Pueblo County wasn’t alone in facing weather challenges. Agriculture in much of the state was beset by the sudden shift from drought to cool, wet weather followed by record-breaking heat. From coast to coast, American farmers faced severe weather that wiped out or stressed crops.
“That’s farming,” was a common refrain from Pueblo County chile farmers. Weather is always a variable. But most also admitted they’d never seen anything quite like the summer of 2023.
“The chiles had so many stresses,” Crites said, as he sat in his office on his Avondale farm. “The timing of the hailstorms was such that right about the time the plants would heal from one we’d have another.”
Crites was hit four times, including a devastating May 20 storm that dropped two inches of rain and piles of hail that remained in the fields for two to three days, he said, pulling up a video on his cellphone. Tiny plants floated in the icy muck.
Houghton said her brother, Steve Mauro, plants seed in the fields so the plants are typically a couple weeks later than on other farms and they developed well. But there still were enough stresses to slow and reduce the yield and produce smaller chiles.
Her cousin, Vic Mauro of Vic Mauro Produce, agreed and noted that “we didn’t need this week of being cool” in early September as the chiles continued to mature.
“They’re good — the heat is good, the flavor is there, but they’re smaller,” he said.
Bartolo said the cool spring delayed the setting of the chile pods, and the overall yield is down. Usually, the 17,000 to 20,000 plants per acre of chile produce up to 800 bushels (20,000 pounds) of chiles — among the highest yield per acre of the crops. It depends on the variety of chile – Pueblo farmers generally plant a dozen or so varieties, including jalapeños, Big Jim and Anaheim.
Most farmers hesitated to estimate this year’s crop as they held out hope for a few weeks of sunshine and a late October frost so they can continue the harvest. Crites, who is primarily a wholesale producer, said the crop could be as low as 20% of normal.
“I’m not hoping, I’m praying for a late frost and dry fall,” said Chris Thompson of DiTomaso Farms.
Along with the hail, a big issue this year was the wet spring. The transplanted seedlings grown in greenhouses tend to develop shallow roots when it’s wet, said McCall Knecht, the District 5 representative for the Colorado Farm Bureau’s Young Farmers and Ranchers program. Knecht and her husband have a small chile farm in Vineland.
When it got hot and dried out, the plants struggled because their roots hadn’t developed deeply enough, she said. Plants grown directly from seed in the field tend to do better in those conditions, but she estimates that 60% of the Pueblo chile crop is grown from seedlings started in a greenhouse.
Because of the threat of hail, most farmers have noncontiguous fields — often a couple of miles apart — to reduce the chance of all plants getting hit, Knecht said.
This year, she said, was a reminder of all the lessons farmers have learned: “Diversification is super important, all your crops should not be contiguous, plant transplants and seeds, plant varieties of crops — other vegetables.”
Most farmers have crop insurance to help cover losses, but it doesn’t quite make up the difference, Knecht said. Plus, what farmers really want is to bring in a good harvest, and a year like this one takes its toll on mental health as well.
“Farming is hard,” she said. “Farming is tough, but we also love it.”
Give them grace
Walking into one of the farm markets east of Pueblo, the casual observers wouldn’t know it was a tough year. Squash, pumpkins and melons are piled high. Boxes of tomatoes await the canners, bushels of chiles and peppers line the shelves.
“We have something to offer every day,” said Vic Mauro, as he stacked boxes of tomatoes at his stand along Business U.S. 50 at 35th Lane. “But nothing has been normal this year.”
Some of the farms have diversified in other ways, producing products such as salsas, pasta, dried chili powders and herbs. Mauro Farms and Bakery added its bakery in 1986 and ships potica, pizzelles and cookies all over the United States.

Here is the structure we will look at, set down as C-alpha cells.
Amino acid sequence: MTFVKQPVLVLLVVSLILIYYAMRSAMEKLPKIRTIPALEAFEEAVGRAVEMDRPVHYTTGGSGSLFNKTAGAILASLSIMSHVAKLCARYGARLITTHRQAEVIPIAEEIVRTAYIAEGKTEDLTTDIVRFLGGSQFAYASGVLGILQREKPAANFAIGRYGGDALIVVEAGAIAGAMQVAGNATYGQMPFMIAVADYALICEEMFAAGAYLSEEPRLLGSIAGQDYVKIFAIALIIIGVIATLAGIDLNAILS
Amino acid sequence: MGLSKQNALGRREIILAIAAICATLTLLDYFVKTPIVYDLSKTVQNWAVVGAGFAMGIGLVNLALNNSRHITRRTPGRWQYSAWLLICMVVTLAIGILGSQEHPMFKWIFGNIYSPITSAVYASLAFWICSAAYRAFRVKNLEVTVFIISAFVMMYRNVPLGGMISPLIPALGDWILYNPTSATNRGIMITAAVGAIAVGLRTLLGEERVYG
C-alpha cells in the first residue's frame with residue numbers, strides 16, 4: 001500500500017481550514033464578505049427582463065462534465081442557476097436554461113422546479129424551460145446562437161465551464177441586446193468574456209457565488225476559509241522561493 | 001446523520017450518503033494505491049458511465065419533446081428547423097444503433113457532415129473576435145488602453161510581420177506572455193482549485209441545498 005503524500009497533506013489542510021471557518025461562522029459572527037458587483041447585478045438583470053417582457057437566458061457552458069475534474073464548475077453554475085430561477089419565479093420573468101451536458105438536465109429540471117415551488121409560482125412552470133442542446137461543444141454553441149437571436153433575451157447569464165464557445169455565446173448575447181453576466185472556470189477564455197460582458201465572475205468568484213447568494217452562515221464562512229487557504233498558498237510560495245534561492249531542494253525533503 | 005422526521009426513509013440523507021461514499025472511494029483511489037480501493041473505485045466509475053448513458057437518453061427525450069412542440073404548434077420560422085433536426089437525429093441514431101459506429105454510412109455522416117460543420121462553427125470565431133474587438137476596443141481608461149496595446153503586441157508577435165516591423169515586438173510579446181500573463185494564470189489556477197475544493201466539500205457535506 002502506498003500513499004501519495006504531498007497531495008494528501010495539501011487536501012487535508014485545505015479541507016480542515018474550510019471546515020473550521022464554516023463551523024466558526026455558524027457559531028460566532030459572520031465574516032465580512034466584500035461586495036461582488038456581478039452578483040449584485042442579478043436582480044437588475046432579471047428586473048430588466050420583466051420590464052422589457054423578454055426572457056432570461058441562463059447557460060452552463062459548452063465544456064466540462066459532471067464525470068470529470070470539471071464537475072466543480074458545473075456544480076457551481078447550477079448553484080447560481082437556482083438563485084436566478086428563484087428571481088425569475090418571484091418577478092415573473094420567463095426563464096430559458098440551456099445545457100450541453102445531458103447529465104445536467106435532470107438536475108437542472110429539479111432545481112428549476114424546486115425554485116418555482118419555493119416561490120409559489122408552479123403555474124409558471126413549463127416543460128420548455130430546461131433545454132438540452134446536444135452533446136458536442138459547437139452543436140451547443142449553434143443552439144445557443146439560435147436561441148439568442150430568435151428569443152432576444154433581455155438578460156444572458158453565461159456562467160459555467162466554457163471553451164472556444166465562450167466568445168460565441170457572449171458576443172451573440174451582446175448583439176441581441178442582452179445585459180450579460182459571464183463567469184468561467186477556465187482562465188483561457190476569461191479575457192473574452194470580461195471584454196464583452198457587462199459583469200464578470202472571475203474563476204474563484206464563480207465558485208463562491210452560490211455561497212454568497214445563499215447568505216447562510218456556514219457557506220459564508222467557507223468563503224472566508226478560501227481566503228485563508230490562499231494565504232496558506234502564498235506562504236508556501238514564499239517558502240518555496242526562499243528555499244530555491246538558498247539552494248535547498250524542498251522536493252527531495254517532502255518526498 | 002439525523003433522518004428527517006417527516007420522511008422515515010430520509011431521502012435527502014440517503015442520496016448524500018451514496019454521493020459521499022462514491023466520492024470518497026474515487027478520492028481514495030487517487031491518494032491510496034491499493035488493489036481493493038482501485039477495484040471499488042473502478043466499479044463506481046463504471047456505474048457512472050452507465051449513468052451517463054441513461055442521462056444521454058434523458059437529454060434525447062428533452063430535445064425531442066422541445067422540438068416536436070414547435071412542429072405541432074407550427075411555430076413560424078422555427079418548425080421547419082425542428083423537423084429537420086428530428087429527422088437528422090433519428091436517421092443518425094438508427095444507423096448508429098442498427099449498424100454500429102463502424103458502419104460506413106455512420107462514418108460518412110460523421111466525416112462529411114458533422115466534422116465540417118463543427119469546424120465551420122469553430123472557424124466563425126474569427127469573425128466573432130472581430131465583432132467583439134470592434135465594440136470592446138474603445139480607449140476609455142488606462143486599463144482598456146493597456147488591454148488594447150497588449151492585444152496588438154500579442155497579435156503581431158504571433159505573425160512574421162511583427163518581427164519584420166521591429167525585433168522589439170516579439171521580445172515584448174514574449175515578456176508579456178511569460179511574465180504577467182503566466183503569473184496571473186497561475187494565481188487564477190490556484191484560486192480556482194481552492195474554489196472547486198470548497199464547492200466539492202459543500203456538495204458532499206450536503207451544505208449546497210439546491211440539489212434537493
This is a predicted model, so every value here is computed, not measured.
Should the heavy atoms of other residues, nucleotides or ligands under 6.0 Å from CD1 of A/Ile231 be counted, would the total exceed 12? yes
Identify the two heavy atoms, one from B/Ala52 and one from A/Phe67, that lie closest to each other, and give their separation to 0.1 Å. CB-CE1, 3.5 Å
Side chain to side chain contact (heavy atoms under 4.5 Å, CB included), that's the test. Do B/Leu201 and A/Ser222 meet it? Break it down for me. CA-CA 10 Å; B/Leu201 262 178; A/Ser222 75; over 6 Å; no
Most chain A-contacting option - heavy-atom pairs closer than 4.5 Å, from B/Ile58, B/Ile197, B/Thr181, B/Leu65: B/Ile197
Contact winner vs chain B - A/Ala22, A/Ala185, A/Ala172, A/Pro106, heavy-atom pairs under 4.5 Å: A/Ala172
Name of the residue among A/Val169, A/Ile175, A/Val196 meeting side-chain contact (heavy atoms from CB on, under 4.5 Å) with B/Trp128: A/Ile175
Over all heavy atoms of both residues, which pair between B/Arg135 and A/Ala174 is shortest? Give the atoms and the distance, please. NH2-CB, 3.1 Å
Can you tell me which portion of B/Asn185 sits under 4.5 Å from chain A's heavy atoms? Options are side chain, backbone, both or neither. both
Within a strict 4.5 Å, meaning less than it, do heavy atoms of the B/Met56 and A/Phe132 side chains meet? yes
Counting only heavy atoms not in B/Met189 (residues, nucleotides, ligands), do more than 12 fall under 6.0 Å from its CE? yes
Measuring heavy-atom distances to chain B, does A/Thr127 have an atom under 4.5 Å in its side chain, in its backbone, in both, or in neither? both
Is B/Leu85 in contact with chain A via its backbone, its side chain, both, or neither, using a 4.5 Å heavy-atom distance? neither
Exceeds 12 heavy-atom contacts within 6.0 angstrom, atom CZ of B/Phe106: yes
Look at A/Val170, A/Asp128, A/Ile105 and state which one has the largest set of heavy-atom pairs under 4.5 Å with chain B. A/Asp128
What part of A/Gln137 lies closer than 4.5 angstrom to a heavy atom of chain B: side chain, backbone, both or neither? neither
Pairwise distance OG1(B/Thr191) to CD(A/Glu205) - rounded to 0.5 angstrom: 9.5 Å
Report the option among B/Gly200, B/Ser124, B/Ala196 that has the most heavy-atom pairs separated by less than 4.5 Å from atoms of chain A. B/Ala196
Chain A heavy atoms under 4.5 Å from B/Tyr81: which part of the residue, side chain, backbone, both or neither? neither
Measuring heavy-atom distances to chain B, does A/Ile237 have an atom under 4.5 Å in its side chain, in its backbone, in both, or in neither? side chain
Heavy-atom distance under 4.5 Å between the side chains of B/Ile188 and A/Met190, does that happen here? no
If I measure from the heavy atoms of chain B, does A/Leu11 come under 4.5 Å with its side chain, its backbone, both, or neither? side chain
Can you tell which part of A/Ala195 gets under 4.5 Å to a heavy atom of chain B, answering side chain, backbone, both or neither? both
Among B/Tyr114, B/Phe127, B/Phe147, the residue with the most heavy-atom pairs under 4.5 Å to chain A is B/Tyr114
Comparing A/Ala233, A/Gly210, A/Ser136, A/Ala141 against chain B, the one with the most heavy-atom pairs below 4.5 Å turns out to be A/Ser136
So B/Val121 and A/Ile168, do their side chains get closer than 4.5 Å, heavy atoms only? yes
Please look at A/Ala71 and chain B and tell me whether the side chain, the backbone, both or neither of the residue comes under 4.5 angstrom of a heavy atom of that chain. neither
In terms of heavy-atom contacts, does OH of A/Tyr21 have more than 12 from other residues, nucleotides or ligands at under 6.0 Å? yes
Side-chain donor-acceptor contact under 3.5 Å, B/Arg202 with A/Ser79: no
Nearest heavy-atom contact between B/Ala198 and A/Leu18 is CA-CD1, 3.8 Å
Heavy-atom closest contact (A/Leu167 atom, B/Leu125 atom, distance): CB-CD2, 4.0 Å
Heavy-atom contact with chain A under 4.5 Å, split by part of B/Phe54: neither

Musso Farm has numerous local partnerships, including one with Westcliffe Meats to produce chile sausage and bacon, said Chris Garcia, a long-time family friend and crew member at the farm. It has its own processing plant for some things, and contracts with other companies to produce things such as the popular Musso Pueblo Green Chile Queso.
This year, there’s a new Pueblo Chile ranch dressing on the shelves.
They also have a craft chile garden with about a hundred varieties of some of the hottest peppers, some of which go into hot sauces made by Pex Peppers in Pueblo.
But mostly, “we’re a traditional farmers market that offers what’s seasonally available,” Garcia said.
In the fall, that includes tractor rides to the pumpkin patches on Fridays and Saturdays, a pumpkin decorating event and a harvest festival with music and food. The farm does not participate in the chile fest downtown, although the family wing that operates Musso’s Restaurant does roast chiles at the fest. (One farm is Musso, the other is Musso’s, by family agreement.)
The two Mauro farms also don’t roast at the festival as they are too busy at their own farm stands, they said.
Milberger said three farms will operate seven stands at the festival — the usual number — and should have plenty of chiles for festivalgoers.
The festival has been a great way to “spread the word about Pueblo chiles,” he said, and even the farmers who don’t attend agree it has benefited them.
Some, such as Crites, sell their chiles to others who roast them at the festival. Despite his overall reduced harvest, he said last week that his 24-acre patch dedicated to the Pueblo chile was “looking good.”
“It’s a great PR and branding opportunity for Pueblo,” Kitzman with the chamber of commerce said of the festival. “We hear reports about it from all over the world. Families that used to live here come back for Chile Festival.
“It speaks to Pueblo’s culture and community more than many other events.”
She said the chamber also encourages visitors to stop by the farm stands.
“We’re really promoting people to visit farm stands to get their chiles, to reiterate their support to the local farmer,” she said. “They can see all the farm fresh options that Pueblo County has and support the other crops.
“And give them grace — we can’t do anything about the weather.”
The farmers who man roasters and produce stands at the festival enjoy the event, even if it comes at a time when they are working 14-hour (or more) days.
“The festival is a good part of our business,” said Chris Thompson, son-in-law of Gary DiTomaso and a fifth-generation farmer at DiTomaso Farms. “We enjoy going down there and selling chiles and produce.
“The chiles are the same. We just had to work a lot harder to get it harvested.”